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RED, WHITE AND BLOOD by Christopher Farnsworth

RED, WHITE AND BLOOD

By Christopher Farnsworth

Pub Date: May 1st, 2012
ISBN: 978-0-399-15893-3
Publisher: Putnam

Farnsworth’s universe of vampires and otherworldly creatures comes alive for the third time in this latest installment of the Nathaniel Cade series.

Blood gushes against a political backdrop in this aptly named testament to gore. Cade, a vampire who was caught and bound to the service of the president by a voodoo practitioner in another century, has sworn to protect the nation and its leader. Accompanied by Zach Barrows, who in another life worked on President Samuel Curtis’ election campaign, Cade has spent the previous three years working to keep the underworld at bay. Although Americans don’t realize it, in Cade’s world the things that go bump in the night are as real as trees and grass, but the government has spent decades covering up, collecting and destroying proof they exist. Every once in a while, though, something breaks through to this side and Cade is called in to put it down. A creature that moves with lightening speed and astonishing strength, Cade has the power to mend his own wounds and is an unparalleled fighter. However, he has almost met his match in the Boogeyman, a legendary figure that draws its power and thirst for blood from the proliferation of killers and sadists that populate the planet. While the president is on the campaign trail, evidence surfaces that the Bogeyman is back in action and preparing to take out the nation’s leader, and Cade and Zach are dispatched to stop him and his cohorts. Chock full of violence and disembowelment, the book follows Cade as he tracks the killer through Middle America. Farnsworth manages to slow down the pace by inserting ham-fisted political rhetoric into the story; he would have been better off sticking to the action. Instead, he chose to turn Curtis into a certain not-very-thinly-described incumbent and muddy what is essentially an action story with politics.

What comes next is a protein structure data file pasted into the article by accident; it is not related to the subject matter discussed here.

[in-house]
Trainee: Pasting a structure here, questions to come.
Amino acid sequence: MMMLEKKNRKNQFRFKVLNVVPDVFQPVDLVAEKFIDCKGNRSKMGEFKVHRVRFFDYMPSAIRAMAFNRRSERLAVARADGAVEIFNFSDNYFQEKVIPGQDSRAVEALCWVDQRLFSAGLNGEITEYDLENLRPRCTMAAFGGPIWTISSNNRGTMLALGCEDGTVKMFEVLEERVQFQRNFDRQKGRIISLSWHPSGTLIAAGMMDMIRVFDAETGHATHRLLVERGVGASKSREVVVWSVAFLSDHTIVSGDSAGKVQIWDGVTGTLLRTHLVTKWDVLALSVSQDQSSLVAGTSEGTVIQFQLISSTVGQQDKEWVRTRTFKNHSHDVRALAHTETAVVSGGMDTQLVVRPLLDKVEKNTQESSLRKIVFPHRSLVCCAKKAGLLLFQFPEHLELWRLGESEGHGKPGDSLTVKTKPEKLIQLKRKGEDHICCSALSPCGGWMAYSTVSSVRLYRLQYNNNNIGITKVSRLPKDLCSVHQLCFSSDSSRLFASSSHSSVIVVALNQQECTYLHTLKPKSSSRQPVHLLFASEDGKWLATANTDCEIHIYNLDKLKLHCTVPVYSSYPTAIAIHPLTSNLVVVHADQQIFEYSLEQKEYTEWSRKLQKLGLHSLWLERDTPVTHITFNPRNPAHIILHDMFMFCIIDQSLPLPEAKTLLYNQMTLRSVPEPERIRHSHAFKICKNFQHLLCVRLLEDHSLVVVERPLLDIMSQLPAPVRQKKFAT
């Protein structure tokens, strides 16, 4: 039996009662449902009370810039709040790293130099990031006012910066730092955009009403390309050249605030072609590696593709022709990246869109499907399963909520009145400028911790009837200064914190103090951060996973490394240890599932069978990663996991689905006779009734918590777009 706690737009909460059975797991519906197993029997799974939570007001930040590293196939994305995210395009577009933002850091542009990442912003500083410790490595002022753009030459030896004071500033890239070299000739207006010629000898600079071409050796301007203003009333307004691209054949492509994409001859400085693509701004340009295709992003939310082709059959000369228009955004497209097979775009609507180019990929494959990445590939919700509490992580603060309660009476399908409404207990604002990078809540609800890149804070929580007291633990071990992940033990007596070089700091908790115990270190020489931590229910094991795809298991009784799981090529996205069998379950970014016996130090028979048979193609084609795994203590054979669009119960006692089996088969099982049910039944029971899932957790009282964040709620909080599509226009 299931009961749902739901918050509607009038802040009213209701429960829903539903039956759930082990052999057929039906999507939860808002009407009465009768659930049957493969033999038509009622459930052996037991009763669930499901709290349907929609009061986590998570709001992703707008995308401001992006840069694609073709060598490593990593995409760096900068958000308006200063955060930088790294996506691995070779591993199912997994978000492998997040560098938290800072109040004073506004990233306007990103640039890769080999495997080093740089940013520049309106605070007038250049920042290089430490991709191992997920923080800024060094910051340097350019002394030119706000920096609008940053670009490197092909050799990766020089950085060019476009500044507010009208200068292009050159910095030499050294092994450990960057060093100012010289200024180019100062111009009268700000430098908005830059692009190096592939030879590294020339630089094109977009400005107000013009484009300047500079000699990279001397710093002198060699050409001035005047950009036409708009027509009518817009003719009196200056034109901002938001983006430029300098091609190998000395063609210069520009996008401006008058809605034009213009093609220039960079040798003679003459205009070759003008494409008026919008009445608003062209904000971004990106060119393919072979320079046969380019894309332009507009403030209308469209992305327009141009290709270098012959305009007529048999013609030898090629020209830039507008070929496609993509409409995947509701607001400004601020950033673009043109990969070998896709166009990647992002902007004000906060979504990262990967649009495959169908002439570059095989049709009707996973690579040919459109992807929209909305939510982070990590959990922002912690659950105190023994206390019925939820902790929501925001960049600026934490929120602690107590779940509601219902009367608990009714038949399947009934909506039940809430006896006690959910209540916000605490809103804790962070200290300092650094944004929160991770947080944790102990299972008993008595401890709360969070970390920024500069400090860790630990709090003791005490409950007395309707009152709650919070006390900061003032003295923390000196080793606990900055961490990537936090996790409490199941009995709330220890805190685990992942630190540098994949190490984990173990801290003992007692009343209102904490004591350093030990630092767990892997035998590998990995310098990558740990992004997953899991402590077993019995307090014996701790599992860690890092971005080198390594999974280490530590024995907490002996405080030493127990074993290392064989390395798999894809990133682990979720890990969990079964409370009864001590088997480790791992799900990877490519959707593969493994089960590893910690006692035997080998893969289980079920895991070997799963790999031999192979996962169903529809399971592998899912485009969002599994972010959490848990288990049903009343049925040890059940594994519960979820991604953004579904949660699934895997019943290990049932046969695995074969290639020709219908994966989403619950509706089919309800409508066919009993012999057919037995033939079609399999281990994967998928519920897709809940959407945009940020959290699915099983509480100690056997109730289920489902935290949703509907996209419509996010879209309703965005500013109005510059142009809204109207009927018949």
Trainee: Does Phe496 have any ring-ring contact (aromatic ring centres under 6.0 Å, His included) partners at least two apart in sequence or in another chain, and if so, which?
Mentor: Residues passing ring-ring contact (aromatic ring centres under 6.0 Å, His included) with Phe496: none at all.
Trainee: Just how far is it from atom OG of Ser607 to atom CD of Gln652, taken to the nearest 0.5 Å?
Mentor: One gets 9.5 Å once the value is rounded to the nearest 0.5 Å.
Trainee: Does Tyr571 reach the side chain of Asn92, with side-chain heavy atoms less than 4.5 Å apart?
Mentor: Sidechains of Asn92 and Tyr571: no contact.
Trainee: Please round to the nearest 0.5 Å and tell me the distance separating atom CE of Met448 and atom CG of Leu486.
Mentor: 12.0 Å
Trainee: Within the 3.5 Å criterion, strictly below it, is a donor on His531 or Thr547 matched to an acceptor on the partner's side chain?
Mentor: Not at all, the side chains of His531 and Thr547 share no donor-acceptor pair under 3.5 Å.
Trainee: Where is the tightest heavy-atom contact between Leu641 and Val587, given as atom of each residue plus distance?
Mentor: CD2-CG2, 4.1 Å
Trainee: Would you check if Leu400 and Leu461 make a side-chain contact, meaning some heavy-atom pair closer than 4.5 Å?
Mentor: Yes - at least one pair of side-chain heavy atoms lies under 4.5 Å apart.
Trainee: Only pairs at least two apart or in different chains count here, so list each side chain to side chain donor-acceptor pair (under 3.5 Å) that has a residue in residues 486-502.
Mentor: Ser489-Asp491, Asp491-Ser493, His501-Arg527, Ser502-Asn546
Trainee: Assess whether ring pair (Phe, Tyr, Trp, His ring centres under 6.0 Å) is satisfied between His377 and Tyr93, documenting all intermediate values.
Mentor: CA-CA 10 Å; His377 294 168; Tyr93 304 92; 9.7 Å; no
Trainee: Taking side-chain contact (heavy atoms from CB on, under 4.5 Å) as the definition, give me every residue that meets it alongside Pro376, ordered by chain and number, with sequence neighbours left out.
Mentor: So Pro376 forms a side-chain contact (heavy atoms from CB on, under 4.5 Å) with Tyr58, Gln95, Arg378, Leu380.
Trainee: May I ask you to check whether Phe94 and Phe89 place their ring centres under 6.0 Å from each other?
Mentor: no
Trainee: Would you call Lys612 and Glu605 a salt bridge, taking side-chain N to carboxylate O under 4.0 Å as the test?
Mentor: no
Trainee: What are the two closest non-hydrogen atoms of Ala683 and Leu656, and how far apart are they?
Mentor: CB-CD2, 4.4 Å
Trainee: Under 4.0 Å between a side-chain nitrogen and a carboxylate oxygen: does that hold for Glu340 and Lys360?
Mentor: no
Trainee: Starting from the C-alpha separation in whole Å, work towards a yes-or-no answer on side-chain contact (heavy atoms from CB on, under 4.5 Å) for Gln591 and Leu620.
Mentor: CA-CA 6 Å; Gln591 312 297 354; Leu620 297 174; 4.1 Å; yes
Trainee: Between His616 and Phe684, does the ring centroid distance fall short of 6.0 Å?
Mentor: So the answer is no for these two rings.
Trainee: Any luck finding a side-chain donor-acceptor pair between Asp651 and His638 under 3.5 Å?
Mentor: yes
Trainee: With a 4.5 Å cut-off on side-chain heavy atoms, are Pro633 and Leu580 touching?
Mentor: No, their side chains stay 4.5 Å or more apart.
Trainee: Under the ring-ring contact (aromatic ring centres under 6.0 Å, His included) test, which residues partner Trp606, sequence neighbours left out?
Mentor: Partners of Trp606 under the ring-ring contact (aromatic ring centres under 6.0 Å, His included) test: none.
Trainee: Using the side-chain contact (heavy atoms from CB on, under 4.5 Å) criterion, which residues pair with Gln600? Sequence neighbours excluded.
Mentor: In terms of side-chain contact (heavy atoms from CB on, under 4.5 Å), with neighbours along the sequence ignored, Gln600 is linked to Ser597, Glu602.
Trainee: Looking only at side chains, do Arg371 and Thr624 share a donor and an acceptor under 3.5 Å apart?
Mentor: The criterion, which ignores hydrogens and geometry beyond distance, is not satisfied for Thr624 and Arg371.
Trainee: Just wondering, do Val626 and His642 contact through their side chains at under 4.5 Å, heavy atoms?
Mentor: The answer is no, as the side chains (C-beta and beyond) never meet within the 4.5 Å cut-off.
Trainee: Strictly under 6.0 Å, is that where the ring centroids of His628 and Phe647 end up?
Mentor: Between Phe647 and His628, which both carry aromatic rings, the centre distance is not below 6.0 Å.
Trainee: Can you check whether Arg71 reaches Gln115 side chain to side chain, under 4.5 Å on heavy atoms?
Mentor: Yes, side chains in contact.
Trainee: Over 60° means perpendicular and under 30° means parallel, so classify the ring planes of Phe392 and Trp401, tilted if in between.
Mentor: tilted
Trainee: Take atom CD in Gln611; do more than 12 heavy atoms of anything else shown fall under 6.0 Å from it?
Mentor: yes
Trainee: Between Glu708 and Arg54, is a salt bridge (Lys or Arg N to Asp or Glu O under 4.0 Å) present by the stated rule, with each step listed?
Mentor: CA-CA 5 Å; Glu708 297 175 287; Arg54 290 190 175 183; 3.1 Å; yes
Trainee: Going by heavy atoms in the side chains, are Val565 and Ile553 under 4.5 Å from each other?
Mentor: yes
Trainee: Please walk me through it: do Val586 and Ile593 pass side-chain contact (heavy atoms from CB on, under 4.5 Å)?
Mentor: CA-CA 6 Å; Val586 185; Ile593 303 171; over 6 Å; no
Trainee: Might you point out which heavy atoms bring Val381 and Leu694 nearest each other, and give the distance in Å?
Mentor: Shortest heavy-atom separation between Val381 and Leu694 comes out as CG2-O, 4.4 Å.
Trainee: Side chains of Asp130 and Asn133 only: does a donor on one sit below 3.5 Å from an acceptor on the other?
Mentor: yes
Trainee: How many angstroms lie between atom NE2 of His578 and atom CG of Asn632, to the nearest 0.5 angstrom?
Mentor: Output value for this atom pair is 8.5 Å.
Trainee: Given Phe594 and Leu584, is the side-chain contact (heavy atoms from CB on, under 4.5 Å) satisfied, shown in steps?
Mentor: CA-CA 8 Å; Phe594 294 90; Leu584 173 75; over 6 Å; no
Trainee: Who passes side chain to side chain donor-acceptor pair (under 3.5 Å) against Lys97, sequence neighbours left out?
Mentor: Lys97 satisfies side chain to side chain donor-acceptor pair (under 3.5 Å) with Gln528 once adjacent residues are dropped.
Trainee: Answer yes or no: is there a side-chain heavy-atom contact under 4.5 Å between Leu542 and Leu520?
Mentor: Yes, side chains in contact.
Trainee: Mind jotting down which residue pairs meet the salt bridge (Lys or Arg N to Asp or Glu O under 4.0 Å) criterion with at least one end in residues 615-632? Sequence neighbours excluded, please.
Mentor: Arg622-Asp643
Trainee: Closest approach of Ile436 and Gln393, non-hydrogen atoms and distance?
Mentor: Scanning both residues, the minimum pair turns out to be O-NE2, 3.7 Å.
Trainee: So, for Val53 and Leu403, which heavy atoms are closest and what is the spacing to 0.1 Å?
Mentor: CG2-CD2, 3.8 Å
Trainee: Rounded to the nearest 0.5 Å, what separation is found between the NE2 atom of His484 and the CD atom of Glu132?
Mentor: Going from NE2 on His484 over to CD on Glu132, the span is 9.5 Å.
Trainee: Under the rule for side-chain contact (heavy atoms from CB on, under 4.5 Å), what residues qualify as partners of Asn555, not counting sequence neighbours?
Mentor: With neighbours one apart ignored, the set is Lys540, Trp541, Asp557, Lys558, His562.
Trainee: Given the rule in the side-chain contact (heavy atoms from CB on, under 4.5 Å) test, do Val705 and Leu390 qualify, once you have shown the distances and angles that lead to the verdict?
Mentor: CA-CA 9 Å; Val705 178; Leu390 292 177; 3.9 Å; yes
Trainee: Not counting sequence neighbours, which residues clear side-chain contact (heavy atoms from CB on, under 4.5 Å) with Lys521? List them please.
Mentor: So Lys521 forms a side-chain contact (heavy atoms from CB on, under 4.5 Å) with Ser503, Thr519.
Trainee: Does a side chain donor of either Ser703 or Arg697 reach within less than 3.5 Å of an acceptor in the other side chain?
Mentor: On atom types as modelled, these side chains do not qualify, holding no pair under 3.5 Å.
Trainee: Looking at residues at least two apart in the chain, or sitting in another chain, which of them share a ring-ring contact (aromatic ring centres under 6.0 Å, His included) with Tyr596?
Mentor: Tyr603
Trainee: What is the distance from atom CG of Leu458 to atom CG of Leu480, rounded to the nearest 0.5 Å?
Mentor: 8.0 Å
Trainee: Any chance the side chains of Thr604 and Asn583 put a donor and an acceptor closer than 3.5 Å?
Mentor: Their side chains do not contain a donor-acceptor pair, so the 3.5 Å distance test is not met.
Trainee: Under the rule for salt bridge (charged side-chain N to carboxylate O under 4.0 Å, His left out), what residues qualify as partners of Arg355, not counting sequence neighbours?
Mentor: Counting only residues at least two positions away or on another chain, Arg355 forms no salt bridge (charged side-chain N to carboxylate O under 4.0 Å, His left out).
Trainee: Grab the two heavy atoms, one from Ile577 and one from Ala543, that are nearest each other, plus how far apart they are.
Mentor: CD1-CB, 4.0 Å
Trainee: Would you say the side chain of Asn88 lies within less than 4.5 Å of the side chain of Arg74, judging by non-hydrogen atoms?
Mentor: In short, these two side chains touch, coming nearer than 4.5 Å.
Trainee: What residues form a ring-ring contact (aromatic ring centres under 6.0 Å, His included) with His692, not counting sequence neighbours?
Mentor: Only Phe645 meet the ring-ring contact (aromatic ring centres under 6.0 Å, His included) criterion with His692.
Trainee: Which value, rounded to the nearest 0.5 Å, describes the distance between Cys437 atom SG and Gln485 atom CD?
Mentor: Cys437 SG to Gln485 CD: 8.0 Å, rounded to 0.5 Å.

More complicated and somewhat sillier than the previous Cade novels; fans of nonstop action can skim over the politicizing passages to get to the blood and guts, while ignoring the author’s tendency to preach politics.